By far the smallest of the Celtic nations, the Isle of Man’s 83,000 residents inhabit an island just 32 miles long and 14 miles wide. The island sits in the middle of the Irish Sea, about 35 miles from Ireland to the west and a similar distance from England to the east. It’s the only place in the British Isles where, from the top of Snaefell Mountain, you can see all of the UK’s constituent countries.
The island has an unusual constitutional status, similar to that of Jersey and Guernsey, as a Crown dependency or self-governing possession of the British Crown. It’s also home to the world’s oldest continuous parliament, the Tynwald, which was established more than a thousand years ago.
There are just two cities on the Isle of Man. The Victorian seaside resort of Douglas on the east coast and Peel, a fishing port with a mediaeval castle, on the west.
While there’s plenty do there and in the islands smaller towns and villages, it’s the natural environment that attracts many. In the Isle of Man you can find all the variety of the UK’s landscapes packed into one small island, with varied coastline, rolling countryside and highland vistas. This was recognised by Unesco in 2016 when it designated the Isle of Man a biosphere reserve, one of only five in the UK.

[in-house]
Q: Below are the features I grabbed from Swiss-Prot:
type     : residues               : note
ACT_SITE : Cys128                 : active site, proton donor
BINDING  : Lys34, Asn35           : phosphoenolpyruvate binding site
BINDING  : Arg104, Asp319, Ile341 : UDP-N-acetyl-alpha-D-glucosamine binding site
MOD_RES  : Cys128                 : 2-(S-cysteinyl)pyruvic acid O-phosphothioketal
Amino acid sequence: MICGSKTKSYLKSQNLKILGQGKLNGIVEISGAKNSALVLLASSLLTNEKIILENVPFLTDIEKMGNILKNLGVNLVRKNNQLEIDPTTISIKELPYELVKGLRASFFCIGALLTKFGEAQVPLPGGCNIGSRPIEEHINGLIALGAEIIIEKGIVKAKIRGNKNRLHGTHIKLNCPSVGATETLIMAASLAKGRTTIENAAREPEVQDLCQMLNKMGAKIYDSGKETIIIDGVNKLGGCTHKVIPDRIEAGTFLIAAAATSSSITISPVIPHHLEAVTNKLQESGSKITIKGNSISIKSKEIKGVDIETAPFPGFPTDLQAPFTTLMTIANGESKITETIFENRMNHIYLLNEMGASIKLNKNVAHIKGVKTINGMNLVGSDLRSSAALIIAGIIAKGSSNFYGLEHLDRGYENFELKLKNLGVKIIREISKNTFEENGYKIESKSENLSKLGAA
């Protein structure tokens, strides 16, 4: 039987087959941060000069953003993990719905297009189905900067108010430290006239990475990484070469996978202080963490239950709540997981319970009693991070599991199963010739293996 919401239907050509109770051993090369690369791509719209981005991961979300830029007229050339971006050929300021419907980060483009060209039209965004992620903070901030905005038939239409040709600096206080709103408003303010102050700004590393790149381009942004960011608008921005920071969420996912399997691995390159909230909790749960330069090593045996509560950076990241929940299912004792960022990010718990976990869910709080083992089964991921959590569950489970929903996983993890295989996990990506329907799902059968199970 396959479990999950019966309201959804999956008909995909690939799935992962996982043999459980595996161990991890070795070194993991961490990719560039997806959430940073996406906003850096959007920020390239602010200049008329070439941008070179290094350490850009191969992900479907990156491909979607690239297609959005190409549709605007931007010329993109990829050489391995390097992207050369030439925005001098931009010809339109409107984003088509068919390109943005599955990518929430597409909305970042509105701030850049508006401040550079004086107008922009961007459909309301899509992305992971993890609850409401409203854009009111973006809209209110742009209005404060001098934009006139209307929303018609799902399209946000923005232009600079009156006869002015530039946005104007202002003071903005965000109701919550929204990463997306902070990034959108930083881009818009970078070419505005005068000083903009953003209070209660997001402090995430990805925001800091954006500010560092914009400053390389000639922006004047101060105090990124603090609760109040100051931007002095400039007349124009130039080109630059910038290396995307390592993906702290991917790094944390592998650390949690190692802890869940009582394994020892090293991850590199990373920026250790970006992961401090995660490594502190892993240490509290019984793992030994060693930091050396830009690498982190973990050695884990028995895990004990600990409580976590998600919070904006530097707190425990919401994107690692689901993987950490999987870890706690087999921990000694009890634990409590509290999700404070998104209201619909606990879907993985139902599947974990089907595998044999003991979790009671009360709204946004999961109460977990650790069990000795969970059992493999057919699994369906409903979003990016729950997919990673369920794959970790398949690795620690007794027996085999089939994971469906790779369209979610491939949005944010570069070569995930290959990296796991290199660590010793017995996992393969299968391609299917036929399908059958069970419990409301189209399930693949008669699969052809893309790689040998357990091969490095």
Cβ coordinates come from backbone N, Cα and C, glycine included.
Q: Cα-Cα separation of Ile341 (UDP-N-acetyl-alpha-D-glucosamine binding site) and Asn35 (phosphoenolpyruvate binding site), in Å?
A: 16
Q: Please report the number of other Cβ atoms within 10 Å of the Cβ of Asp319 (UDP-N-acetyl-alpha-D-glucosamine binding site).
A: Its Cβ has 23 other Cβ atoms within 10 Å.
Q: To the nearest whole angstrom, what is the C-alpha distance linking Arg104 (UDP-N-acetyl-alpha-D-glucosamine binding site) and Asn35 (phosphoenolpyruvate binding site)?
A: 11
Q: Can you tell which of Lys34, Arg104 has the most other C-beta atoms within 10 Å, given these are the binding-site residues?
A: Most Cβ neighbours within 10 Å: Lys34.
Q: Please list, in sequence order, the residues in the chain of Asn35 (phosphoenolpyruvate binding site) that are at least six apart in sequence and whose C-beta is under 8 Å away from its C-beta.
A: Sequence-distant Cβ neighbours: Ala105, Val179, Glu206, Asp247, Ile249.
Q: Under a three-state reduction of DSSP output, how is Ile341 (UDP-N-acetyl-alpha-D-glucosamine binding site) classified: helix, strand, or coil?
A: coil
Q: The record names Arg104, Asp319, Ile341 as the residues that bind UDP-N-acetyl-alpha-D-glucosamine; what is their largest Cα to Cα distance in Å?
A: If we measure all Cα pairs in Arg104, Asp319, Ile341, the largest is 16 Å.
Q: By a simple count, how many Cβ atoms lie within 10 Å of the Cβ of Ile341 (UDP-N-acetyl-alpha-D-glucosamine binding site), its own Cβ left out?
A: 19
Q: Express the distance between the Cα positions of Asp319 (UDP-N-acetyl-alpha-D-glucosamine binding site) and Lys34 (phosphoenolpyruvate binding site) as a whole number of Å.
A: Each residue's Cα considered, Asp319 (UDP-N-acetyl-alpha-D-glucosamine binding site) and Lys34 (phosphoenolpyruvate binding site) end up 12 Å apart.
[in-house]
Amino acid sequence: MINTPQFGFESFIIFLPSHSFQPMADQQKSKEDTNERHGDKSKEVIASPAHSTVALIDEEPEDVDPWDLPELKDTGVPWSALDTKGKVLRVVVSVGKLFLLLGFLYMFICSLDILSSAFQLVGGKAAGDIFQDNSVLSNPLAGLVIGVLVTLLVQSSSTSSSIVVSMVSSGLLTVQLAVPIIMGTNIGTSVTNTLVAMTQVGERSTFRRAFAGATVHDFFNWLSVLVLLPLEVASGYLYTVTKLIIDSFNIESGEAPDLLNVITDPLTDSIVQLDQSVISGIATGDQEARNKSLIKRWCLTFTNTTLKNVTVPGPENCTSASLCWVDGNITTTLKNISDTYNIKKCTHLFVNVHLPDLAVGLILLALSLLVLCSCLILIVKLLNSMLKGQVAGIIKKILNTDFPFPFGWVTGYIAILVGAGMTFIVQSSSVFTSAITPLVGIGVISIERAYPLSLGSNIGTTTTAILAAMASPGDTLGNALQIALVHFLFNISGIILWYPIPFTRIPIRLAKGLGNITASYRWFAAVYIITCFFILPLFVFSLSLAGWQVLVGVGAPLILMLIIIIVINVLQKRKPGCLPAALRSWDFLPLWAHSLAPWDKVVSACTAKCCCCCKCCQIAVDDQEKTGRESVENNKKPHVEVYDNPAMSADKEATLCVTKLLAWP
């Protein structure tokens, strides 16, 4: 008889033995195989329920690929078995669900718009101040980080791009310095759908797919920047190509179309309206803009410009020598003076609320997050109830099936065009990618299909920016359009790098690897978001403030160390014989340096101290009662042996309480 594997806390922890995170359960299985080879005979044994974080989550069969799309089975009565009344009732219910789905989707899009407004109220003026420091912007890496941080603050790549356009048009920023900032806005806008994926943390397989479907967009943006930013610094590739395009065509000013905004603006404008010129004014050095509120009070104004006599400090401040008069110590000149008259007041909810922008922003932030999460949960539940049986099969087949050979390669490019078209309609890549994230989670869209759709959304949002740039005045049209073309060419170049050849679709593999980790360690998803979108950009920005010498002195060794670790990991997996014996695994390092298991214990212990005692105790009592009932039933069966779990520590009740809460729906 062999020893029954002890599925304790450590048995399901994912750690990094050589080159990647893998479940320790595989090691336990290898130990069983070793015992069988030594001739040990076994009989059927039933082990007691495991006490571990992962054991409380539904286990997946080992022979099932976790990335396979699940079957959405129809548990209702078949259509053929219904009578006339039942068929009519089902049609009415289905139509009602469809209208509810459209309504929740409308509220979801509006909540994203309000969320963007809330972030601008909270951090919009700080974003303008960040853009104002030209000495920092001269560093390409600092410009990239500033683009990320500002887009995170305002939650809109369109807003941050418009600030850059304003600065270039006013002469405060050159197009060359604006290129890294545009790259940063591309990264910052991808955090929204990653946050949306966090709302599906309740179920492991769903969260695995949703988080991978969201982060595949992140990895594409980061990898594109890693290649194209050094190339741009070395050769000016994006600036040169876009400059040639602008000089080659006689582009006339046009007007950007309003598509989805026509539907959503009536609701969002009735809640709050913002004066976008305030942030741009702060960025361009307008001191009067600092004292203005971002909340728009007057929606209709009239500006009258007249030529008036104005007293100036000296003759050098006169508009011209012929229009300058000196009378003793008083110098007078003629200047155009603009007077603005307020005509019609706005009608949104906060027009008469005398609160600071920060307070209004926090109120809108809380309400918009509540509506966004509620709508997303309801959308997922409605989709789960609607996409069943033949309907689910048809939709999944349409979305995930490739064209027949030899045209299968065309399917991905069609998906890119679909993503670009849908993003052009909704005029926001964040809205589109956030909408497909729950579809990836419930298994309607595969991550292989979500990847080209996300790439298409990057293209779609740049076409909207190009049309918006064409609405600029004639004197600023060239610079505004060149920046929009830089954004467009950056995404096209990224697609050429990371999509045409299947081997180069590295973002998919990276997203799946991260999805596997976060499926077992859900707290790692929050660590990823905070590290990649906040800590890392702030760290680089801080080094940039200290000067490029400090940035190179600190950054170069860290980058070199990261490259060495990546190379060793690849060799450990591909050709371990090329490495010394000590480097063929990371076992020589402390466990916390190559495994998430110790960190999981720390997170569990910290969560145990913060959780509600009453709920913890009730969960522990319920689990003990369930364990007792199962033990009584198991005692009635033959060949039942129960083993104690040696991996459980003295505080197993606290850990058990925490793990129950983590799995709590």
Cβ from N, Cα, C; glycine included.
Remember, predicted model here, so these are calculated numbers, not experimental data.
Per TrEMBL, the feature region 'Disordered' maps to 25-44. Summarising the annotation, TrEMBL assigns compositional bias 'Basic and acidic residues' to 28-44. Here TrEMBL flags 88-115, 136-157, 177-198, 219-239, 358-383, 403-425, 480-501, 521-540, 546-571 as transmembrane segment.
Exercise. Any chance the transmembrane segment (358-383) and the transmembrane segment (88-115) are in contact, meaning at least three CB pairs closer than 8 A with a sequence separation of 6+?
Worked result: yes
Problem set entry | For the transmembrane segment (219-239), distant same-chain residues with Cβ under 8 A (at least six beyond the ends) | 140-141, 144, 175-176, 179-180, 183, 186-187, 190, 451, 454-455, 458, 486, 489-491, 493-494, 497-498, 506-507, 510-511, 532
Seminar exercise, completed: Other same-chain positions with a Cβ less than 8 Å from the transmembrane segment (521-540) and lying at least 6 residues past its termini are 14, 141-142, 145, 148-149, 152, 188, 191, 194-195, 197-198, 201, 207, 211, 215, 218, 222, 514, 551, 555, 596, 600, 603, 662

One of the best ways to experience the island’s natural beauty is on foot. Of the many walking trails, the most significant is the Raad ny Foillan (The Way of the Gull), a 95-mile footpath that circles the Island.
There are plenty of signs of Man’s Celtic past as well. Iron Age Celts arrived here around 500BC and left a legacy of forts built on hills and on promontories along the coastal cliffs. There are many to visit – for example Cronk ny Merriu, a coastal promontory fort with defensive ditch and rampant. With it’s elevated location and good views of the neighbouring coastline it’s easy to see why it was selected as the site for defensive fortifications. There are also remains of domestic buildings; at the summit of South Barrule you’ll find the remains of more than seventy round stone walled huts. And, of course, Celtic crosses dot the landscape throughout the island.
Finally, perhaps the best way to get an overview of the island's Celtic and Viking heritage is to make a visit to the House of Manannan museum in Peel.
Read more about other travelling to Celtic Regions:
READ MORE ABOUT FOOD AND DRINK IN THE OTHER CELTIC REGIONS:
- Cornish Food and Drink
- Breton Food and Drink
- Irish Food and drink
- Scottish Food and Drink
- Manx Food and Drink
- Welsh Food and Drink